At the end of November, BC’s Minister of Environment issued its 2022 Climate Change Accountability Report, boasting in a press release about “progress made in key areas.” The BC media entirely failed to cover it – which is disappointing, because, as Minister Heyman pointed out in the press release, the report is intended to be “a cornerstone of our transparency and accountability on climate, as it provides a full accounting of government climate actions, spending and results.”
Had journalists taken a closer look at the Report, and looked behind the good news spin on the release, they would have found that the report reveals that BC will almost certainly miss its 2025 climate target, and may miss the 2030 target, as a direct result of LNG Canada.
While positive steps are being made, we need the media to ask government tough questions about whether the province is actually on track to meet its climate targets, and especially about the role of the oil and gas sector in making or (currently) breaking those targets.
Why the 2025 and 2030 climate targets, and the Climate Accountability Report, matter
The BC government has set and missed greenhouse gas (GHG) emissions targets for 2012 and 2016. When the BC NDP was elected in 2017 it repealed the 2020 target (33% reduction relative to 2007 levels), arguing (with some justification) that it was unachievable due to inaction by the previous government. To date, every target set by the BC government for reducing GHG emissions has been missed.
The BC NDP government promised to fix that problem and set new targets for 2030 (40% below 2007 levels), as well as targets for 2040 and 2050 (and subsequently 2025 (16% below 2007 levels). It also enacted a law that required the government to report regularly on its progress towards achieving these targets.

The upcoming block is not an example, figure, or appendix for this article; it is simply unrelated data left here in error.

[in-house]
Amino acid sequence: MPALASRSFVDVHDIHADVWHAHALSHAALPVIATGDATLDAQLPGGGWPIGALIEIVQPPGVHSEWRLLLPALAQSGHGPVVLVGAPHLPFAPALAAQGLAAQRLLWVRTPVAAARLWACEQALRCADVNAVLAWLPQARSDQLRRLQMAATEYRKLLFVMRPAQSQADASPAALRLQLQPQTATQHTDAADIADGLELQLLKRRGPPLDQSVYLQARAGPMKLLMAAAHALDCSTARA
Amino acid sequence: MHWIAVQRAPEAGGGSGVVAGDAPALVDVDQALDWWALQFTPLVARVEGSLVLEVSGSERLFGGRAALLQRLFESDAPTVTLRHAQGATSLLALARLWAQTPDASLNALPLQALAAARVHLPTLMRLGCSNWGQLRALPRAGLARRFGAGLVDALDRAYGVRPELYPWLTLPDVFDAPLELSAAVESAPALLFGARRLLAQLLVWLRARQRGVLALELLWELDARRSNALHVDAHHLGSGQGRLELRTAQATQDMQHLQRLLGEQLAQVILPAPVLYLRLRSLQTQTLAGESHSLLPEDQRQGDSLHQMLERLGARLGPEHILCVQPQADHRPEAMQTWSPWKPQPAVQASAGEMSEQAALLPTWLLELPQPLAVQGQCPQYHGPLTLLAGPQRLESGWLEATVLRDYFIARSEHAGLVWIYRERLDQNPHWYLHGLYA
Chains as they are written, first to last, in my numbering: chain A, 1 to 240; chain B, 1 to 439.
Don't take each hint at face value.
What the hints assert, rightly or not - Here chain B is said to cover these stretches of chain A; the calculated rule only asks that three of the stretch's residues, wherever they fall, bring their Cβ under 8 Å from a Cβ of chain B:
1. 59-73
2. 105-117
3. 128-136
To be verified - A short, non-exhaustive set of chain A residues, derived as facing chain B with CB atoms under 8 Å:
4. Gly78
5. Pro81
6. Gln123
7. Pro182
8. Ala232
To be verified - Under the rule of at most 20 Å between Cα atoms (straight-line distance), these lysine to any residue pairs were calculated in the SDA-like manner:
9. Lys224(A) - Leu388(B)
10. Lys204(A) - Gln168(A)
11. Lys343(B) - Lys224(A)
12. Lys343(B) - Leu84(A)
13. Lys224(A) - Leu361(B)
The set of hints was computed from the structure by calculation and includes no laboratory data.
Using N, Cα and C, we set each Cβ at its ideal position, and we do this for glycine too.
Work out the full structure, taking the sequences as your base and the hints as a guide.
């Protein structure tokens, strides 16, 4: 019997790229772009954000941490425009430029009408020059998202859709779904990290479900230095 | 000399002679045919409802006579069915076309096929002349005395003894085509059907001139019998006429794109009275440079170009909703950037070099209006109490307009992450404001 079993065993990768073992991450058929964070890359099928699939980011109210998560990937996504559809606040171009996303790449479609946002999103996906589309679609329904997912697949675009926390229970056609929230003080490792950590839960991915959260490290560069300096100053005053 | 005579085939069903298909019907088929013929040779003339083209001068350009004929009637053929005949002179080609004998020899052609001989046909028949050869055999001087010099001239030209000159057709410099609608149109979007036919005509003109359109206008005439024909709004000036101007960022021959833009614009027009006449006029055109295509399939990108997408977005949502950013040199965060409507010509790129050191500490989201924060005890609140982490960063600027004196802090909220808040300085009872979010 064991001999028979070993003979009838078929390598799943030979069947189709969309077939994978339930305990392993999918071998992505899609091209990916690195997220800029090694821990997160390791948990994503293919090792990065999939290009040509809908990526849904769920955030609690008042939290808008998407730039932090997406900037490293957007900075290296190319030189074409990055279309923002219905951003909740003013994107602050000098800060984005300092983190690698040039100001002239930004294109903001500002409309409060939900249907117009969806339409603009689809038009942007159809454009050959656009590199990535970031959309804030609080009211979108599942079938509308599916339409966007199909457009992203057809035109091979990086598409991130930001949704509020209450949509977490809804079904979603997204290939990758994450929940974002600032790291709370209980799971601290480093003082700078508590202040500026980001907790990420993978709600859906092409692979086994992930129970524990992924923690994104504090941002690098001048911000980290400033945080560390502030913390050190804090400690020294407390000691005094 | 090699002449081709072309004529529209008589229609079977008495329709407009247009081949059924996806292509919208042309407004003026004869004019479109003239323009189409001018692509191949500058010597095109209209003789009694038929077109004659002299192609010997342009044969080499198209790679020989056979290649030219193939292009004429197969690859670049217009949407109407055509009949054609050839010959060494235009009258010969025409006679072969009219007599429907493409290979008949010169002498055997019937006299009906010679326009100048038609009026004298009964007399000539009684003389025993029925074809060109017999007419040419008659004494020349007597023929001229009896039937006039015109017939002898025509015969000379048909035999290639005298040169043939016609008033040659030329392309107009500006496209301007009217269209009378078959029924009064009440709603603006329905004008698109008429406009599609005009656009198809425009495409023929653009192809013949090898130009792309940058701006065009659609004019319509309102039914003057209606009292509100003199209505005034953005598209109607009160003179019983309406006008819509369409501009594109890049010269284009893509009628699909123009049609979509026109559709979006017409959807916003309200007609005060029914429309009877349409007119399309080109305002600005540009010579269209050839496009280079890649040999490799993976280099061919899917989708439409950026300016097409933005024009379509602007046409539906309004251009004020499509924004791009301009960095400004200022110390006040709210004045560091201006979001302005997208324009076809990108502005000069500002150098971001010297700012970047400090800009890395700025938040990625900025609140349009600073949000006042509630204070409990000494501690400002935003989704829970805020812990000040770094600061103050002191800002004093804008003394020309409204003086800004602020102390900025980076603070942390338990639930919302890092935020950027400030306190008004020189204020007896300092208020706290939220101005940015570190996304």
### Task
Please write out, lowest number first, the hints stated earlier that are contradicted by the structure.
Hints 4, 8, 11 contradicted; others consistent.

The recent Climate Change Accountability Report is the latest of these reports, and mostly paints a rosy picture. It is best practice to have these progress reports done by independent experts, who will be honest and upfront about any shortcomings on the government’s part – but BC’s legislation does not provide for independent oversight.
Nonetheless, on page 11 it is acknowledged that the province is not currently on track to achieve either the 2025 target or the 2030 target (although the government’s press release claims that it is “largely projected to meet its 2030 target”). This is the first time that a specific shortfall has been estimated for the 2025 target.
Here’s the table, with the narrow green strip showing the gap between the current climate plans and the targets.
There is no doubt that the gap to the 2030 target is smaller than it was before the government’s CleanBC “Roadmap to 2030” climate plan was announced – and that is good news. This table, however, is misleading in at least a couple of ways.
First, it hides the fact the province’s climate projections show that we are actually on track to achieve both the 2025 and 2030 targets (well done us!) but that one event in 2025 will increase the province’s GHG emissions by an estimated 3.45 to 4 Megatonnes (Mt), blowing both targets out of the water. That event? The opening of LNG Canada’s Phase I liquefied natural gas facility.